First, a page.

Exxon posts second straight quarterly loss on demand, price plunge
Exxon Mobil reported its second-straight quarterly loss, as its oil and gas producing unit was hurt by a plunge in prices, while its refining businesses were hit by a fall in demand due to the COVID-19 pandemic.
The U.S. oil major reported a loss of 1.08 billion U.S. dollars, or 26 cents per share, in the three months ended June 30, compared with a profit of 3.13 billion U.S. dollars, or 73 cents per share, a year earlier.
It was Exxon's first back-to-back quarterly loss in at least 36 years, but was small in comparison to rivals who took giant charges last quarter. The top U.S. oil producer took no asset writedowns during the quarter, and got a 44-cent-a-share boost to earnings by increasing the value of inventories.
Chevron Corp, Total, Royal Dutch Shell, and Eni each wrote down their oil and gas properties last quarter by several billion dollars apiece, while BP signaled an up to 17.5 billion U.S. dollars hit.
Exxon slashed capital spending 30 percent this year to around 23 billion U.S. dollars, and Senior Vice President Neil Chapman said it expects to spend less than 19 billion U.S. dollars in next year. That would be the lowest spending for the company since at least 2005.
It plans both capital and operating expense cuts to defend its dividend, Chapman said on a call with analysts, adding that investors "come to view that dividend as a source of stability in their income."
It will not take on more debt and sees spending cuts as short term "to manage the current situation," Chapman said.
Exxon's oil and gas output fell 7 percent to 3.6 million barrels per day during the quarter as it curtailed production due to the oil price crash.
The U.S. oil major reported a loss of 1.08 billion U.S. dollars, or 26 cents per share, compared with a profit of 3.13 billion U.S. dollars, or 73 cents per share, a year earlier. Excluding inventory adjustments, the loss would have been 3 billion U.S. dollars, it said.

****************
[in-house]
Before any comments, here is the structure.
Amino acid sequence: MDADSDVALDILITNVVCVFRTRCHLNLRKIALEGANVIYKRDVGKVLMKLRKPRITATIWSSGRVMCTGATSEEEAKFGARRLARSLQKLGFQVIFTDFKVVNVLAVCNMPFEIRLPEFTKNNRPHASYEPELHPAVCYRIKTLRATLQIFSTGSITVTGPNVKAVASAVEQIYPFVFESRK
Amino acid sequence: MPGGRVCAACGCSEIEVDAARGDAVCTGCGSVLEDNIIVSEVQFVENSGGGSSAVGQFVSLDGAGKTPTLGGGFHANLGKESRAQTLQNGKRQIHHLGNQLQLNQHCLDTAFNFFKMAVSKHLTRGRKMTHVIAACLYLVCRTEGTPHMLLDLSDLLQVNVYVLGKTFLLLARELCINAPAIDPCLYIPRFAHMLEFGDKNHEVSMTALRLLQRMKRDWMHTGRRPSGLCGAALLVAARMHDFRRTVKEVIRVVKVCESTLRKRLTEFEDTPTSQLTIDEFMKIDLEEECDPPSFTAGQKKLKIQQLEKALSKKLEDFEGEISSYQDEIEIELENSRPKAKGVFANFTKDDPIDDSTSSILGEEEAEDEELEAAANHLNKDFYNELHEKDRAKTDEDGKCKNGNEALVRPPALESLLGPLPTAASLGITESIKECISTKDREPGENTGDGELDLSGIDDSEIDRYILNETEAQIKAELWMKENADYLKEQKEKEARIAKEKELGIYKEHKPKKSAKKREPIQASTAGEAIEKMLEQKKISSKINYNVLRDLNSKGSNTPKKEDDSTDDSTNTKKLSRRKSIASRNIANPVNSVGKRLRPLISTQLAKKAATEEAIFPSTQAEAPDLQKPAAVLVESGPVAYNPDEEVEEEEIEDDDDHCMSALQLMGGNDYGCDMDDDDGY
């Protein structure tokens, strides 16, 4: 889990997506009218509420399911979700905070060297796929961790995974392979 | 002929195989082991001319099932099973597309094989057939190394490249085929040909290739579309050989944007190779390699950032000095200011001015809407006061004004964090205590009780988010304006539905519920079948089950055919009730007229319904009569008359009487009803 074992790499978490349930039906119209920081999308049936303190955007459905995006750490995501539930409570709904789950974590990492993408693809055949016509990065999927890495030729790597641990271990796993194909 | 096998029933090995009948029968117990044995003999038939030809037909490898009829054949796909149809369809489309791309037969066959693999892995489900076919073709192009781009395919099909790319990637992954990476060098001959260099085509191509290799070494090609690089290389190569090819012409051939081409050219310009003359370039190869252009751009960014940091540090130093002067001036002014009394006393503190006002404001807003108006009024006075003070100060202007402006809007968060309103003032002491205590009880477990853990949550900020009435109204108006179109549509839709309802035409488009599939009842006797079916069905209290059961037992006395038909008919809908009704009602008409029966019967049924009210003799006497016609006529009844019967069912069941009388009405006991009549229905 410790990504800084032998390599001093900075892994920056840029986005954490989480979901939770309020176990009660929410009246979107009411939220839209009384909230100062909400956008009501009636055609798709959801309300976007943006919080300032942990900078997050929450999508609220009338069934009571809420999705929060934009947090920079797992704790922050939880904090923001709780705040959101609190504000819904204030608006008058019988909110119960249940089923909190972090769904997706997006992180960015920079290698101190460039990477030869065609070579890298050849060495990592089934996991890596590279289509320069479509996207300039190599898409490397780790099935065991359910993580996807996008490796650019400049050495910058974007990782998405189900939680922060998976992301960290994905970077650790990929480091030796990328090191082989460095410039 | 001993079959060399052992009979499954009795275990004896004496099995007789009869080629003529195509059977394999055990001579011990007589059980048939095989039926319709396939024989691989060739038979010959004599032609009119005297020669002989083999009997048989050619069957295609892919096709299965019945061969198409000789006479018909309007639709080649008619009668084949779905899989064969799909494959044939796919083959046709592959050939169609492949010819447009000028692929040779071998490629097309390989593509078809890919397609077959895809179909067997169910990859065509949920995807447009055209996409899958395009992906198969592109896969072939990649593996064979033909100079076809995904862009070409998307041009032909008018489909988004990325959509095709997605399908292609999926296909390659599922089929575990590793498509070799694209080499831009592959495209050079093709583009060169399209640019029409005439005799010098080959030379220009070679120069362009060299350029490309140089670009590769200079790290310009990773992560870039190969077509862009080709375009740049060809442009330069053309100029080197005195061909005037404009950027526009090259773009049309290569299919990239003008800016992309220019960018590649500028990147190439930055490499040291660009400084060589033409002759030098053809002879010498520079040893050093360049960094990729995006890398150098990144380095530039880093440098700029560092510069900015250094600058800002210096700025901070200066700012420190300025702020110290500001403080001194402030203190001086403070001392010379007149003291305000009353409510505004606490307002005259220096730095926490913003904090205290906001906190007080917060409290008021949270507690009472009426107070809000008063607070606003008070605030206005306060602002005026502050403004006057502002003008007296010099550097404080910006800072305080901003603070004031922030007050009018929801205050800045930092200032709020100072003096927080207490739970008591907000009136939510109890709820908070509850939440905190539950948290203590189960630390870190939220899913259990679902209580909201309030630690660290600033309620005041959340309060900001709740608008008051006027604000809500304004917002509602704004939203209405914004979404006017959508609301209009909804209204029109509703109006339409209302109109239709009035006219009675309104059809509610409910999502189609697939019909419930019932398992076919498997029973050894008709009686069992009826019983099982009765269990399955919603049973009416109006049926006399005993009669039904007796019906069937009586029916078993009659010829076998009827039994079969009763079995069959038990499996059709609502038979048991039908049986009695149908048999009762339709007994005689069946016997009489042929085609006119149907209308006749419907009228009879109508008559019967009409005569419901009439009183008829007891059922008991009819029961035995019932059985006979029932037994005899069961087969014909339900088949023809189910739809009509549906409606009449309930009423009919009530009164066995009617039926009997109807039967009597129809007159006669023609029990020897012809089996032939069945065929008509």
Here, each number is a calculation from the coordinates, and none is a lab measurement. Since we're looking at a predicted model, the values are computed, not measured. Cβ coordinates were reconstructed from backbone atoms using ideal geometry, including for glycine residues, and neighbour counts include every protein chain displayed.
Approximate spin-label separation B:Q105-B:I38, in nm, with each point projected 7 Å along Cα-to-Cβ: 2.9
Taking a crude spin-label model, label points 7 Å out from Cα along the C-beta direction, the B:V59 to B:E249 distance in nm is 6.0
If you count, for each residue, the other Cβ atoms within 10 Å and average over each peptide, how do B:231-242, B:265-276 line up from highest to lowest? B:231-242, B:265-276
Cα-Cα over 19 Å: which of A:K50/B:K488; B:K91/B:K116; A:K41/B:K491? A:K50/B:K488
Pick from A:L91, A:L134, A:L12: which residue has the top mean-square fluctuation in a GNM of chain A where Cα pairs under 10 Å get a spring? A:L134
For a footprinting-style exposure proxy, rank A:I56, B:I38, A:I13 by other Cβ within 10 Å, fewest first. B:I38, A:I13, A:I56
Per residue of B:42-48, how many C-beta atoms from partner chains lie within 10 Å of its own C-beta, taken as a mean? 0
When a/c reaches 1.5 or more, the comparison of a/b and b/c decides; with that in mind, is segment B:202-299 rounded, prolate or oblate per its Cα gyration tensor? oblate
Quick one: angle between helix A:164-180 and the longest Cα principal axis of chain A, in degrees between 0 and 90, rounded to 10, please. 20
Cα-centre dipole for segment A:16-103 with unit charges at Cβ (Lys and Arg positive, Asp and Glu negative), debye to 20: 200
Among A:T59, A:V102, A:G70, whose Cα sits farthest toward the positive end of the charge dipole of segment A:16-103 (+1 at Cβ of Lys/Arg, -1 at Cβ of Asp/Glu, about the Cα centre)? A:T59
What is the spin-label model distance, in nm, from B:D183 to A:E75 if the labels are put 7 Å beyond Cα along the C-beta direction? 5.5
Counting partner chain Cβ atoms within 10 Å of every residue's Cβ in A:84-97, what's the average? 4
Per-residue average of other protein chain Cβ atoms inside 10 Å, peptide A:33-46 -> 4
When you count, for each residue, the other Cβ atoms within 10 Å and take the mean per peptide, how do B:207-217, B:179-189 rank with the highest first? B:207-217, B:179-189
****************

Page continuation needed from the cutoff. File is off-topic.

Rival Chevron on Friday reported an 8.3-billion-U.S.-dollar-loss on asset writedowns, plummeting fuel prices, and expenses tied to thousands of jobs cuts.
Exxon's production business reported a nearly 1.7-billion-U.S.-dollar-loss on lower output prices, compared with a 3.3-billion-U.S. dollar-gain last year.
Chemical operating profit was 467 million U.S. dollars, up from 188 million U.S. dollars last year, and was "resilient" in a tough environment, said analyst Biraj Borkhataria of RBC Europe Limited.
The company is running out of capacity to add debt "without jeopardizing the strength of its balance sheet," said analyst Jennifer Rowland of Edward Jones. The losses call into question "how long Exxon can continue to fund its dividend if the macro environment doesn't substantially improve."
Shares closed up a fraction at 42.08 U.S. dollars.
(Cover: A view of the Exxon Mobil refinery in Baytown, U.S. state of Texas. /Reuters)